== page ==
Fathers and Daughters

When I was ten years old, I spent several weeks going through magazines and cutting the Surgeon General’s Warning out of the cigarette ads and then leaving them anywhere in the house where I was sure my dad would find them.

I rolled them up into his socks one week. Every single pair he opened contained that little warning linking smoking to cancer and death. Another time I put them in his shirt pockets. The same pockets where he kept his Pall Mall’s, the unfiltered kind.

I left them on top of the beer bottles in the garage and under the seat of his car with his Brach chocolate star stash. He found them in his wallet, his toolbox and in both pockets of every pair of work pants he owned. I think I even placed one under his pillow.

I never saw him find a single one, and he never said a word to me about what I was doing, but eventually he decided that enough was enough. He told my mother to tell me to stop, which she did.

And he didn’t. Stop smoking that is.

About a month before my first husband went into hospice, Dad had a series of strokes that nearly killed him. He quit drinking and smoking in a single week. He followed his doctors’ orders to the letter and worked his physio-therapy like an Olympic athlete. By the time my husband had passed away four months later, Dad seemed to be well on his way to recovery with just a cane and a slight limp to show for it.

But sixty years of smoking was not as easily erased as he hoped and within a few months it became evident that he was in trouble again. This time the diagnosis was pulmonary fibrosis, a condition in which the sacs in the lungs fill up with a gooey substance. It’s almost like they turn to mush and then congeal.

Despite being given only a few months to live, Dad beat the odds again and was soon in remission where he has remained for the last two years. Long enough to celebrate his 80th and then 81st birthdays, something no one really thought he would ever do.

I last saw him in June. We traveled down from Canada to Iowa because Mom was worried. She didn’t think Dad was well though he assured her he was fine. He didn’t look fine to me, and so I was hardly surprised when the pneumonia he was hospitalized with in late September was actually stage four lung cancer.

I have been here before. Terminal illness. Hospice. Waiting. But I was the wife that time and right in the thick of things. I didn’t have the luxury, if you can call it that, of reflection and appreciation.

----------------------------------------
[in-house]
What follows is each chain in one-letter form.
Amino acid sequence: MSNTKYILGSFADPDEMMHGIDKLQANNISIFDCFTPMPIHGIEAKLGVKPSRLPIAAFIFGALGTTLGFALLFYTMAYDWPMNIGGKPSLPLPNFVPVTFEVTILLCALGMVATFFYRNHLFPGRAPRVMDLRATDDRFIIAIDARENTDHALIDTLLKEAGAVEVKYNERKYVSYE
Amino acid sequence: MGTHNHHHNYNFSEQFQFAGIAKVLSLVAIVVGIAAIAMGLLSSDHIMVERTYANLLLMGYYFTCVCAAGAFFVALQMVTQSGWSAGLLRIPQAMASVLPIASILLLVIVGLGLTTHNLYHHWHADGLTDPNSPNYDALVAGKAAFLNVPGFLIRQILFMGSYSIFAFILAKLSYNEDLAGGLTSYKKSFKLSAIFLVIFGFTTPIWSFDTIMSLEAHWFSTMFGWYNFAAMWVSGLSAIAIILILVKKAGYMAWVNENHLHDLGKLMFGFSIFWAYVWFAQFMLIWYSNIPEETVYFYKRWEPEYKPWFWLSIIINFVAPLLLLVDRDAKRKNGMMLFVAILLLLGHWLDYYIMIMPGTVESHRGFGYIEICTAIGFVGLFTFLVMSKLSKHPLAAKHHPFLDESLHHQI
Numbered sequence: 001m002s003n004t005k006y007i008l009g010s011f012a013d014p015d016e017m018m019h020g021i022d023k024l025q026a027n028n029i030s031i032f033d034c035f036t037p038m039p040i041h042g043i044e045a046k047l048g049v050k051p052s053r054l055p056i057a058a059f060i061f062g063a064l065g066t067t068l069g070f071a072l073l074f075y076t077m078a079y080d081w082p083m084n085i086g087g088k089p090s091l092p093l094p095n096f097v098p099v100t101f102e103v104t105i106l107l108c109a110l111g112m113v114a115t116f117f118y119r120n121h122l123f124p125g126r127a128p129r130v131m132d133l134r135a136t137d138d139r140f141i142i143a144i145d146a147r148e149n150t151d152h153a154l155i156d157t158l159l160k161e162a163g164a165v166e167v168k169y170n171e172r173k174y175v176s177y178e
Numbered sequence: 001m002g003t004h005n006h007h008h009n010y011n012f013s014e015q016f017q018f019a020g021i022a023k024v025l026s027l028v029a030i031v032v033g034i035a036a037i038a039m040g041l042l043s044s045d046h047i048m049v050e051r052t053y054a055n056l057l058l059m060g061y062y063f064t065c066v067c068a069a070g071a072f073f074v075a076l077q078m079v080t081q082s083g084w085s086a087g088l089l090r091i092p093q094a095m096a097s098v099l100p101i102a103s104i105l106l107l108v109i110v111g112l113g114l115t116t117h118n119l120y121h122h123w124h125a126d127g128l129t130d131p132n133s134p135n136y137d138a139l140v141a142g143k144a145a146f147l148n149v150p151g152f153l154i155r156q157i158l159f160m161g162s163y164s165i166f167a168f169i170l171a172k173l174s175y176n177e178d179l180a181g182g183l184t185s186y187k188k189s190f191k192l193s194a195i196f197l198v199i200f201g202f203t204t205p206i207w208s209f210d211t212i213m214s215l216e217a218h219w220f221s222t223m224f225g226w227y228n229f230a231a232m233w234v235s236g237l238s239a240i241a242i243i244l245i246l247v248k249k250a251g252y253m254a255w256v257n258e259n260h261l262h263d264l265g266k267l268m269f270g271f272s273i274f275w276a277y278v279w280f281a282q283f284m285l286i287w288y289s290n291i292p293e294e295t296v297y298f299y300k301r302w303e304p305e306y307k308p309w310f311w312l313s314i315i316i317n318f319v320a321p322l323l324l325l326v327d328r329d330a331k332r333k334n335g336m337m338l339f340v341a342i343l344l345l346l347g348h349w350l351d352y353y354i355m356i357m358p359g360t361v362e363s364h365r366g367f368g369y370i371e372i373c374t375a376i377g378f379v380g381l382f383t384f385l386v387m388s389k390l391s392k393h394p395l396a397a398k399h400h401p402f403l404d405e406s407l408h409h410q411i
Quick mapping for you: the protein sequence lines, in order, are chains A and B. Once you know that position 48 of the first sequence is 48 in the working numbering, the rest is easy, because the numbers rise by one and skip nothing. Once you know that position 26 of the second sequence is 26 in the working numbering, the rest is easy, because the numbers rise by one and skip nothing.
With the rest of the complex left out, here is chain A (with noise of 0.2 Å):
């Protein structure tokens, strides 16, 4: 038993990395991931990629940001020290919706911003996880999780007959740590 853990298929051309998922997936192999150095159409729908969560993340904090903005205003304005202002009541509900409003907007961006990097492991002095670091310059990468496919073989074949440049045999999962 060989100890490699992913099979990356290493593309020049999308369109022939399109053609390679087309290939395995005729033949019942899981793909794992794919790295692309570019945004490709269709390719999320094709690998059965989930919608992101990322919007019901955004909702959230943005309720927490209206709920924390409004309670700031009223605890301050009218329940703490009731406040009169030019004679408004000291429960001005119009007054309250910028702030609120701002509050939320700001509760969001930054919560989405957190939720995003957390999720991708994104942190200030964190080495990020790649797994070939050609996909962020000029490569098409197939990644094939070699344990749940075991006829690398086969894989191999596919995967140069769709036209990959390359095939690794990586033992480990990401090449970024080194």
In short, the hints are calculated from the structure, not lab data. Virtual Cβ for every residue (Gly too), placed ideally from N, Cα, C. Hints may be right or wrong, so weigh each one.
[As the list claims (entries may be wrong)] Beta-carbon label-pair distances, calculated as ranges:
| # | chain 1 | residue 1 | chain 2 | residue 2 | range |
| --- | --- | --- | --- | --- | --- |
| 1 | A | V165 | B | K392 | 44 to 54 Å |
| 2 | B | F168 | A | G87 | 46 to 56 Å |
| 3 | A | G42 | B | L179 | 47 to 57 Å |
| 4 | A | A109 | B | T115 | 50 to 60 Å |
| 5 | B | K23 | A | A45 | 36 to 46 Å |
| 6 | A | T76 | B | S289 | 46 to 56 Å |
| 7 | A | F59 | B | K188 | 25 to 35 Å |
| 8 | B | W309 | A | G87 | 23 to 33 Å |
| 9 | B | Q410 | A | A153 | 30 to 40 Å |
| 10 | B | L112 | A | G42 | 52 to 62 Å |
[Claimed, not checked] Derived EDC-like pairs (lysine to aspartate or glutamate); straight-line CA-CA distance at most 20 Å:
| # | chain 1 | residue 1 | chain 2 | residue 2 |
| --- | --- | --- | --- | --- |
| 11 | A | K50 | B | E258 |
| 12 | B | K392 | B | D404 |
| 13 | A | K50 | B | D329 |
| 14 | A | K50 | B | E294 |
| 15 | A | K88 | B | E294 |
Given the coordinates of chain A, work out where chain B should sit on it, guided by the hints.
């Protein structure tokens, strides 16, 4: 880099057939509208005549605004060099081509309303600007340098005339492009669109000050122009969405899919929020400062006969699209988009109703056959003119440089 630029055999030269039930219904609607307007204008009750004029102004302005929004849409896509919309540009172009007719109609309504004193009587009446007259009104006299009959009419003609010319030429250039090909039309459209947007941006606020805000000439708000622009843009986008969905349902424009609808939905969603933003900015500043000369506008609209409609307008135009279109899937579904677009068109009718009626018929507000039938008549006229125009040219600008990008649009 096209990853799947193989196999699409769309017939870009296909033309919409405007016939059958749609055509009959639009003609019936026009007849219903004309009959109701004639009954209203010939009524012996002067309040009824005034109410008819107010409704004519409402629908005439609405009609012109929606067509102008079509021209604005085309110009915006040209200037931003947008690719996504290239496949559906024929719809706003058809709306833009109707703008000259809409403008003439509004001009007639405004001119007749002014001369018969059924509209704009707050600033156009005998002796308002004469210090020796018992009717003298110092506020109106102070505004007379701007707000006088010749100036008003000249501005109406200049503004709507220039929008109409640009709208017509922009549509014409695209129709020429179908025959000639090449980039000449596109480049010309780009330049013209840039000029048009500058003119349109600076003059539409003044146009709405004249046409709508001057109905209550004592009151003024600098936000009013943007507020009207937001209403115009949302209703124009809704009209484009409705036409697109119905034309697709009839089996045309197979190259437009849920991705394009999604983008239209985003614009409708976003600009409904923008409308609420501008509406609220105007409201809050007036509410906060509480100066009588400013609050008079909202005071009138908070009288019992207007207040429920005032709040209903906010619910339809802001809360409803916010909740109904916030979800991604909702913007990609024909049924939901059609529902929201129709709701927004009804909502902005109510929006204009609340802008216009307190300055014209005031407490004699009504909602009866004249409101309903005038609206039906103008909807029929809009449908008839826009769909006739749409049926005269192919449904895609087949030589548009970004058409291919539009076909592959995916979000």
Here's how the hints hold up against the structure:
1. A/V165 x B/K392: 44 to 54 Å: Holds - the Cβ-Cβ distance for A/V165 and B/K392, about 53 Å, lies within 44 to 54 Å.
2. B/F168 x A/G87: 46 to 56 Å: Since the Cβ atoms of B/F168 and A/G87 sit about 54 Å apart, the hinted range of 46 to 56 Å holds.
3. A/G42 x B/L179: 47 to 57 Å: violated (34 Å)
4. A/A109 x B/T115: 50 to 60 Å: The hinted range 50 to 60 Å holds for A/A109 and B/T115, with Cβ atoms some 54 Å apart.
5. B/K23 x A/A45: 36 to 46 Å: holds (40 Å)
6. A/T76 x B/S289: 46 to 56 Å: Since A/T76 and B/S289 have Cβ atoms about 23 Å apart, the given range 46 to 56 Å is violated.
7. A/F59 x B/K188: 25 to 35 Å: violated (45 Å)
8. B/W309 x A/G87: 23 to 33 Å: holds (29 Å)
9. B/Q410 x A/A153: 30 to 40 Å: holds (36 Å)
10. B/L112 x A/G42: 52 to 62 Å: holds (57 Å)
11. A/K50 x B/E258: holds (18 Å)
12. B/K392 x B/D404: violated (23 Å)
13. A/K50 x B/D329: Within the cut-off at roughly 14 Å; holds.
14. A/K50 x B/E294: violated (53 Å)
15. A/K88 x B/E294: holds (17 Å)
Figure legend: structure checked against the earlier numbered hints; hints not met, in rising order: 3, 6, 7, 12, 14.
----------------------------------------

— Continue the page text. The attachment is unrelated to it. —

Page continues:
My dad and I were not close. I am not his favorite. I was his number one son, the one he expected the most of, and I don’t think I ever really disappointed, but I spent much of my early life thinking I had and it didn’t foster a warm affectionate relationship between us. I resented him and chafed under the burden of his expectations. We were so far apart at one point in my twenties he remarked to my mother:

“You know, if you were to die, I don’t think I would ever see or hear from Ann again.”

And the sad thing was that he was right. He drank too much. He was hyper-critical, and his smoking habit had gone from two to four packs a day. The air in my childhood home was as blue as a nightclub’s on a Friday night. I didn’t like visiting, and I had no patience with him.

I am ashamed now that I made Dad believe that somehow I loved him less, or not at all, but I was twenty-ish which is not at all a forgiving era in a women’s life.

When my late husband reached a point in his illness where his dementia meant I could no longer trust him home alone while I taught school, it was my father who came to our rescue and in doing so turned the tide permanently in our relationship.

I had no options at that time. I had to work. I was the breadwinner, and our health insurance came via my job. Since I was still battling to get my husband disability, there was no money to put him in an adult daycare. Who puts aside money for that rainy day item? He was just thirty years old. He shouldn’t have been dying at all.

It was my father who volunteered to come and help us. Dad would begin the 210 mile drive from Eastern Iowa to Des Moines at 5 am on Monday morning, arriving shortly after I had packed up the baby for daycare and hustled us off for the day. He stayed until Wednesday afternoon as my mother-in-law covered the Thursday shift, and I simply called home every hour and prayed my way through Friday. This arrangement went from January to the end of March.

Week after week, during one of the darkest times of my life, it was my dad who was there for me. We didn’t speak much beyond the news of the day. As my mother points out these days:

“He doesn’t have much to say but he’s always there.”

And she’s right. Dad was always there. When it counted. When he was needed. Warts and all, he has been the silent sentinel keeping watch over us.

I talk to him nearly every day by phone. Living in another country, it’s all I can do. Though I frequently offer to come, I am told not to. When my late husband was in hospice, I was alone for the most part. I was there at the end without anyone to hold me or tell me that things would be all right.

Dad will not ask me to come. He might be dying, but he is still my dad, protecting me as much as his frail and failing body will allow him.


This was an original 50 Something Moms piece.

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